Creates a JavaScript Date instance that represents a single moment in time in a platform-independent format. Date objects use a Unix Time Stamp, an integer value that is the number of milliseconds since 1 January 1970 UTC.

Instantiating Date objects

The only way to create a new JavaScript Date object is to use the new operator:

let now = new Date();

If you simply call the Date() object directly, the returned value is a string instead of a Date object. There's no Date literal syntax in JavaScript.


new Date();
new Date(value);
new Date(dateString);
new Date(year, monthIndex [, day [, hours [, minutes [, seconds [, milliseconds]]]]]);


There are four basic forms for the Date() constructor:

No parameters

When no parameters are provided, the newly-created Date object represents the current date and time, specified in the local time zone, as of the time of instantiation.

Unix timestamp

A Unix Time Stamp which is an integer value representing the number of milliseconds since January 1, 1970, 00:00:00 UTC (the Unix epoch), with leap seconds ignored. Keep in mind that most Unix timestamp functions are only accurate to the nearest second.

Timestamp string

A string value representing a date, specified in a format recognized by the Date.parse() method (these formats are IETF-compliant RFC 2822 timestamps and also strings in a version of ISO8601).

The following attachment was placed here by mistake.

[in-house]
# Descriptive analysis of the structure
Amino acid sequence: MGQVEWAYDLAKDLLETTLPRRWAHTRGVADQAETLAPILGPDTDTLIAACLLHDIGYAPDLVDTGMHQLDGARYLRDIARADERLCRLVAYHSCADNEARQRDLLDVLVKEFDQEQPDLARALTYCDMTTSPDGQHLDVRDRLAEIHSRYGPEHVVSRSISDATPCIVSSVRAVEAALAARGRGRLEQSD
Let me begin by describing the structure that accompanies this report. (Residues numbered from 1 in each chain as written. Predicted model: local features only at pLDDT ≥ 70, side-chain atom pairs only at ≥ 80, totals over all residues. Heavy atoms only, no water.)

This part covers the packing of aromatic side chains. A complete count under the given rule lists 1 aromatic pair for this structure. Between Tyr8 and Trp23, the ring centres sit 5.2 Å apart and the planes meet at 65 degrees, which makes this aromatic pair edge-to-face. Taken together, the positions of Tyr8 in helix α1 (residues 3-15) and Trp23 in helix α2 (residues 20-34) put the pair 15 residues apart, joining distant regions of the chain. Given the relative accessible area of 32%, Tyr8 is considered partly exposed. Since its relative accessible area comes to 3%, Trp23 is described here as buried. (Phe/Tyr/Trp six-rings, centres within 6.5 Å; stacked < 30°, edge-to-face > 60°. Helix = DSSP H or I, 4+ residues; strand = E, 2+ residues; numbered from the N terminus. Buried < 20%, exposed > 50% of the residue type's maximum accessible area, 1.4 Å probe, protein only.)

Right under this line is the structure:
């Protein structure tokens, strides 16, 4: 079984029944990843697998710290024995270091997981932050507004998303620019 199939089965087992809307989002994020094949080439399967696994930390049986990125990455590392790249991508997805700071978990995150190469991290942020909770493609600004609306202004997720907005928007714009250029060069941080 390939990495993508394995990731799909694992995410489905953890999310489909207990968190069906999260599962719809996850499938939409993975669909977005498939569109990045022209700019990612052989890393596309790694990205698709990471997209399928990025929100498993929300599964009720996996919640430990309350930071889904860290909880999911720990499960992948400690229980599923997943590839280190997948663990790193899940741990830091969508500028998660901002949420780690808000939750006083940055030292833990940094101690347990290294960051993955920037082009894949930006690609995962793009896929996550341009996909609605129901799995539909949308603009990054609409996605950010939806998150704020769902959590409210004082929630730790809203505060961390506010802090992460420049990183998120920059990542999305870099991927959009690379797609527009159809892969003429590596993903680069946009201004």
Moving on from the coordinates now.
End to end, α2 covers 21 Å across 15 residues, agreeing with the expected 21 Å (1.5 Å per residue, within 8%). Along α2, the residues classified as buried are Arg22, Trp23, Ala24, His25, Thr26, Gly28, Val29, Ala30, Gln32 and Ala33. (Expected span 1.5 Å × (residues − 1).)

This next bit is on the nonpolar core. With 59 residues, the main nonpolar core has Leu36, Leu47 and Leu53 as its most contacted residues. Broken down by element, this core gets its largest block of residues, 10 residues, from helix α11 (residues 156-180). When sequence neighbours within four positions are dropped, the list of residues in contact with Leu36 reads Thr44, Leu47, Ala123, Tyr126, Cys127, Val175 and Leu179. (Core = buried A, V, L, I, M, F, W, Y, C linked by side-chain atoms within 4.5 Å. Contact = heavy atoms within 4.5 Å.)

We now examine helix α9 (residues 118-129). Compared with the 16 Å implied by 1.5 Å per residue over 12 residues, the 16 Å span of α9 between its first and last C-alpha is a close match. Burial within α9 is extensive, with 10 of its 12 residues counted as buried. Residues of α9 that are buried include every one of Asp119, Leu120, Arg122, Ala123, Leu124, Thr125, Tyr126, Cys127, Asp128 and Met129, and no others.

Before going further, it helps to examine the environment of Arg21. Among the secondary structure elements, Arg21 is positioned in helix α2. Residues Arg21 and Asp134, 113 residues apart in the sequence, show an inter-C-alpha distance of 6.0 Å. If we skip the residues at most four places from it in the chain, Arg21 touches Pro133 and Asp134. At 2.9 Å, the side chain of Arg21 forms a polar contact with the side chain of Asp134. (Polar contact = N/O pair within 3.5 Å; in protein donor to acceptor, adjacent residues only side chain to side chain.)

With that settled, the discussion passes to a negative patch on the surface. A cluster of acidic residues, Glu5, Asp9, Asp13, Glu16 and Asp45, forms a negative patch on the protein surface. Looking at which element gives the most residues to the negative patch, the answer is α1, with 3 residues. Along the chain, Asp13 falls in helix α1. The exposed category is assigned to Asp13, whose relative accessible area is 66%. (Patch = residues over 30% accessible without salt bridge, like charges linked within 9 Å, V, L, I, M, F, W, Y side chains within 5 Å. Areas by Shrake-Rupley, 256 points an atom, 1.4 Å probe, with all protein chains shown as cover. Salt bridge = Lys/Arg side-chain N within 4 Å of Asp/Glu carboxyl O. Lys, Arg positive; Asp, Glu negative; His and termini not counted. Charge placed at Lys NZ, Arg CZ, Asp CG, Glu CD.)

Note: parsing of date strings with the Date constructor (and Date.parse, they are equivalent) is strongly discouraged due to browser differences and inconsistencies. Support for RFC 2822 format strings is by convention only. Support for ISO 8601 formats differs in that date-only strings (e.g. "1970-01-01") are treated as UTC, not local.

Individual date and time component values

Given at least a year and month, this form of Date() returns a Date object whose component values (year, month, day, hour, minute, second, and millisecond) all come from the following parameters. Any missing fields are given the lowest possible value (1 for the day and 0 for every other component).

Integer value representing the year. Values from 0 to 99 map to the years 1900 to 1999; all other values are the actual year. See the example below.
Integer value representing the month, beginning with 0 for January to 11 for December.
day Optional
Integer value representing the day of the month. If not specified, the default value of 1 is used.
hours Optional
Integer value representing the hour of the day. The default is 0 (midnight).
minutes Optional
Integer value representing the minute segment of a time. The default is 0 minutes past the hour.
seconds Optional
Integer value representing the second segment of a time. The default is zero seconds past the minute.
milliseconds Optional
Integer value representing the millisecond segment of a time. The default is 0 milliseconds past the second.

User notes

The Unix epoch and timestamps

A JavaScript date is fundamentally specified as the number of milliseconds that have elapsed since midnight on January 1, 1970, UTC. This date and time is called the Unix epoch, which is the predominant base value for computer-recorded date and time values.

Note: It's important to keep in mind that the date and time is stored in the local time zone, and that the basic methods to fetch the date and time or its components all work in the local time zone as well.

A day is made up of 86,400,000 milliseconds. Given that and the size of the underlying number used to record the timestamp, and it can be calculated that the Date object can represent dates within ┬▒100,000,000 (one hundred million) days relative to January 1, 1970 UTC. That means that in the year 293,742, we'll have to think about fixing this.

Date format and time zone conversions